Every 10 years, the federal government reviews and adjusts the allocation of seats in the House of Commons. The latest process began in October 2021, and Canada’s Chief Electoral Officer has determined that the number of seats in the House of Commons will increase by four. Chronically under-represented Alberta gets three new seats, while British Columbia and Ontario get one each.
Yes, that does add up to five. But one province—Quebec—is losing a seat, bringing the net increase to four.
In this Quick Read, we explain how seat redistributions are calculated and why some provinces, including Alberta, feel they are being treated unfairly.
How many seats does each province get?
The number of seats in the House of Commons is recalculated every 10 years to account for population changes. The Chief Electoral Officer then allocates those seats to the provinces using a representation formula found in our constitution. The idea is to ensure fairness and fix over/under-representation as provincial populations shift. That said, the representation formula doesn’t only consider population. There are three rules the formula applies that can change the number of seats a province is allocated after considering population.
1. The Senate Rule
This rule was enacted in 1915 to protect against significant loss of representation in provinces where there might be an outflow of population. The Senate Rule ensures that no province has fewer seats in the House of Commons than the Senate. The four Atlantic provinces will benefit from this rule, gaining more seats than are allocated to them strictly based on population—New Brunswick +3; Nova Scotia +1; Prince Edward Island (PEI) +2; and Newfoundland and Labrador +1.
2. The Grandfather Rule
As a further guarantee to protect provinces from losing seats during redistribution, the Senate Rule was supplemented by the Grandfather Rule. This rule, enacted in 1985, protects smaller provinces by ensuring that no province will have fewer seats than it did in that year. Half the provinces will benefit from this rule during the 2021 redistribution, with extra seats given to: Saskatchewan +4, Manitoba +2, Quebec + 4, Nova Scotia +1, and Newfoundland and Labrador +1.
3. The Representation Rule
This rule applies to provinces that were overrepresented during the last redistribution process. If such a province were to now be under-represented based on the representation formula (including the Senate Rule and Grandfather Rule), that province is given additional seats based on its population. In the upcoming redistribution process, this rule gives Quebec another 2 seats.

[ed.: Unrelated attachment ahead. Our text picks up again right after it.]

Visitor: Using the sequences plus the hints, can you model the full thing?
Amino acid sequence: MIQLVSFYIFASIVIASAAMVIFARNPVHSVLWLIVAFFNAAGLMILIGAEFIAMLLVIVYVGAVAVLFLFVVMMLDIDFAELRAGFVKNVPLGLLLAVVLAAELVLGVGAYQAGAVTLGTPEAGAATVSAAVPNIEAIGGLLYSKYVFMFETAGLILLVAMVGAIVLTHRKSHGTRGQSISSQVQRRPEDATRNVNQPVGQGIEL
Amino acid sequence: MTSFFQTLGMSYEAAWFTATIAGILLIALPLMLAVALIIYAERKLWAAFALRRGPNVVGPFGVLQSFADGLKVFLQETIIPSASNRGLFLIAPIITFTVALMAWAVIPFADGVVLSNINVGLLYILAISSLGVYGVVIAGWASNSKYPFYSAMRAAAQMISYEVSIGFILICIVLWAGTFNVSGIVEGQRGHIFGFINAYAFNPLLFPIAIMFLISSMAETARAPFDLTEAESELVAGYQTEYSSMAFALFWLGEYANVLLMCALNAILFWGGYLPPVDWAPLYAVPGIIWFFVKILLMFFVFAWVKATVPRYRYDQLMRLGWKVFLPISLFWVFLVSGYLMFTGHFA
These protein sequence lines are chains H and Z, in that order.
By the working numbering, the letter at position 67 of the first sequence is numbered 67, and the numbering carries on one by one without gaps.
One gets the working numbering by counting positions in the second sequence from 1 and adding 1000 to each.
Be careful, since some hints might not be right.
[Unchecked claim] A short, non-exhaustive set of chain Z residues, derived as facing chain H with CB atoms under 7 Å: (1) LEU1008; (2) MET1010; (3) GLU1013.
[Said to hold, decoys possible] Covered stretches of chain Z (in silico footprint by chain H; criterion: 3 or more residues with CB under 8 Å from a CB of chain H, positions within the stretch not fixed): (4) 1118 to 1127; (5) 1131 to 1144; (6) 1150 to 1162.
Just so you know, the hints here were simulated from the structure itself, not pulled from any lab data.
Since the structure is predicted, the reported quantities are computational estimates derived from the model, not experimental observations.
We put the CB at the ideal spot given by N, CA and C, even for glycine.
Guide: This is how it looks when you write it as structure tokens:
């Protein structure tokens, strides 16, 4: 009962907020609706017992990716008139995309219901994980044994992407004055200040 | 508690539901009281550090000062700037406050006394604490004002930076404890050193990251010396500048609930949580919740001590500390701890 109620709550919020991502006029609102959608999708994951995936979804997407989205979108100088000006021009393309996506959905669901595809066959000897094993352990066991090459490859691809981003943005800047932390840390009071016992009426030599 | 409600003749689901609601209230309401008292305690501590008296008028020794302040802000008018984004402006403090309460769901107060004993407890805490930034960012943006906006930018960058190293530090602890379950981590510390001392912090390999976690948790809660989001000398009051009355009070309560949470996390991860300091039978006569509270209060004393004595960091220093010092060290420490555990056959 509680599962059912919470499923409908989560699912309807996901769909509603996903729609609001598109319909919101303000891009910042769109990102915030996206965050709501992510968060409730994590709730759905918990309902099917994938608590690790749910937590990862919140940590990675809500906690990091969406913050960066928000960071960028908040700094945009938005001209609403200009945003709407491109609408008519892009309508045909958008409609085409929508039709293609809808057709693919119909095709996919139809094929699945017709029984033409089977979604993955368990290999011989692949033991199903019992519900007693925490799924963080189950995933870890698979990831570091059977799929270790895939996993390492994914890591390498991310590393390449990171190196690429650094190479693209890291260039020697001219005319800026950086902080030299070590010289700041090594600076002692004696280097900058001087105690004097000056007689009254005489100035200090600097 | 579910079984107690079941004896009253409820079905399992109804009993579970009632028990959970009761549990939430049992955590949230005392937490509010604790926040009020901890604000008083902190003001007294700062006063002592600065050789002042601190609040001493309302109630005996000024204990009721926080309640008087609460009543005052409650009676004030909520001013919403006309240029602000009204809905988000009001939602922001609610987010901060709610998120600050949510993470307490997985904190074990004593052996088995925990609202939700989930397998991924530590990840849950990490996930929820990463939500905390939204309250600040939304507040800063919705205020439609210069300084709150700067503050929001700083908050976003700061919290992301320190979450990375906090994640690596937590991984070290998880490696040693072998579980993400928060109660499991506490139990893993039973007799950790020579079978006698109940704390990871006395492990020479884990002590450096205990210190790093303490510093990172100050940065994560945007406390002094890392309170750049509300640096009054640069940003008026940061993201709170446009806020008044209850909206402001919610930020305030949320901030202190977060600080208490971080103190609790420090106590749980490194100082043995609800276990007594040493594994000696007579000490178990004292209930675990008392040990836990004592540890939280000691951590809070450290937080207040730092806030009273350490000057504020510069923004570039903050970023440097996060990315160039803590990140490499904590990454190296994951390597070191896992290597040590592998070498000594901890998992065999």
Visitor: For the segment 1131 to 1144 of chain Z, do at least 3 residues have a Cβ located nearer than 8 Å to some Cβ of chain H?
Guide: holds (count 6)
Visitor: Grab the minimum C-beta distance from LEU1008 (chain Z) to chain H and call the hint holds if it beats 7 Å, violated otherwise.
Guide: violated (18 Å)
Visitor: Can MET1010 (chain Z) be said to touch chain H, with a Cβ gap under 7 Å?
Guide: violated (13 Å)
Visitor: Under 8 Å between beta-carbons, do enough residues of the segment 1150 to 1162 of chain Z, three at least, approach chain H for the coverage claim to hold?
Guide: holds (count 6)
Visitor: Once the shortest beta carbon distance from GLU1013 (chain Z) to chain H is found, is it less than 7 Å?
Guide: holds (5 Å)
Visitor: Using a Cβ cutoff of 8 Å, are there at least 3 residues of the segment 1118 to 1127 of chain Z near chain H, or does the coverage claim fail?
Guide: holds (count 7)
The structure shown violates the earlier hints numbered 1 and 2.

What would actual representation-by-population look like?
While the initial allocation of seats is based on population, the three rules are layered into the formula and distort representation-by-population. This leaves some provinces underrepresented and many provinces overrepresented.
Elections Canada, author’s own calculations.
Despite gaining seats under the 2021 redistribution, Canadians in the fastest-growing provinces—British Columbia, Alberta, and Ontario—are still considerably underrepresented. A recent Angus Reid poll found that while half of Canadians feel well represented in the House of Commons, the prairie provinces feel aggrieved, especially in Alberta, where 7 in 10 people feel underrepresented. And they’re not wrong. To have pure representation-by-population, Alberta would need 3 more seats on top of the 3 additional seats coming to us through the redistribution.
The number of seats in Saskatchewan, Manitoba, and the four Atlantic provinces aren’t changing, and these provinces will remain overrepresented.
After losing one seat in the redistribution, Quebec is the only province with proportionate representation. Despite this, Quebec’s Premier, François Legault, and Bloc Québécois Leader, Yves-François Blanchet, have strongly condemned the seat loss and have committed to fighting to keep Quebec’s influence in Parliament. Blanchet argues that Quebec deserves special consideration as a founding nation and, rather than lose a seat, should gain a seat.
Elections Canada, author’s own calculations.
The difference between the overrepresented provinces and underrepresented provinces isn’t trivial. In Alberta, there is 1 Member of Parliament (MP) per 120,124 residents, versus 1 MP per 40,977 in PEI, making a vote in PEI nearly 3x more powerful than a vote in Alberta.
The representation formula and its three rules are constitutionally entrenched. For this reason, Canada can never truly have representation-by-population. However, Parliament does have the power to make minor adjustments. This was done most recently by Former Prime Minister Stephan Harper in 2011 when he added additional seats for Ontario (+15), British Columbia (+6), and Alberta (+6) in an effort to better reflect representation-by-population. Unfortunately, while this helped, it did not go far enough.
During this redistribution process, Parliament should give more thought to distributing seats more fairly and equitably, rather than focus on Quebec’s desire to maintain influence despite waning population growth.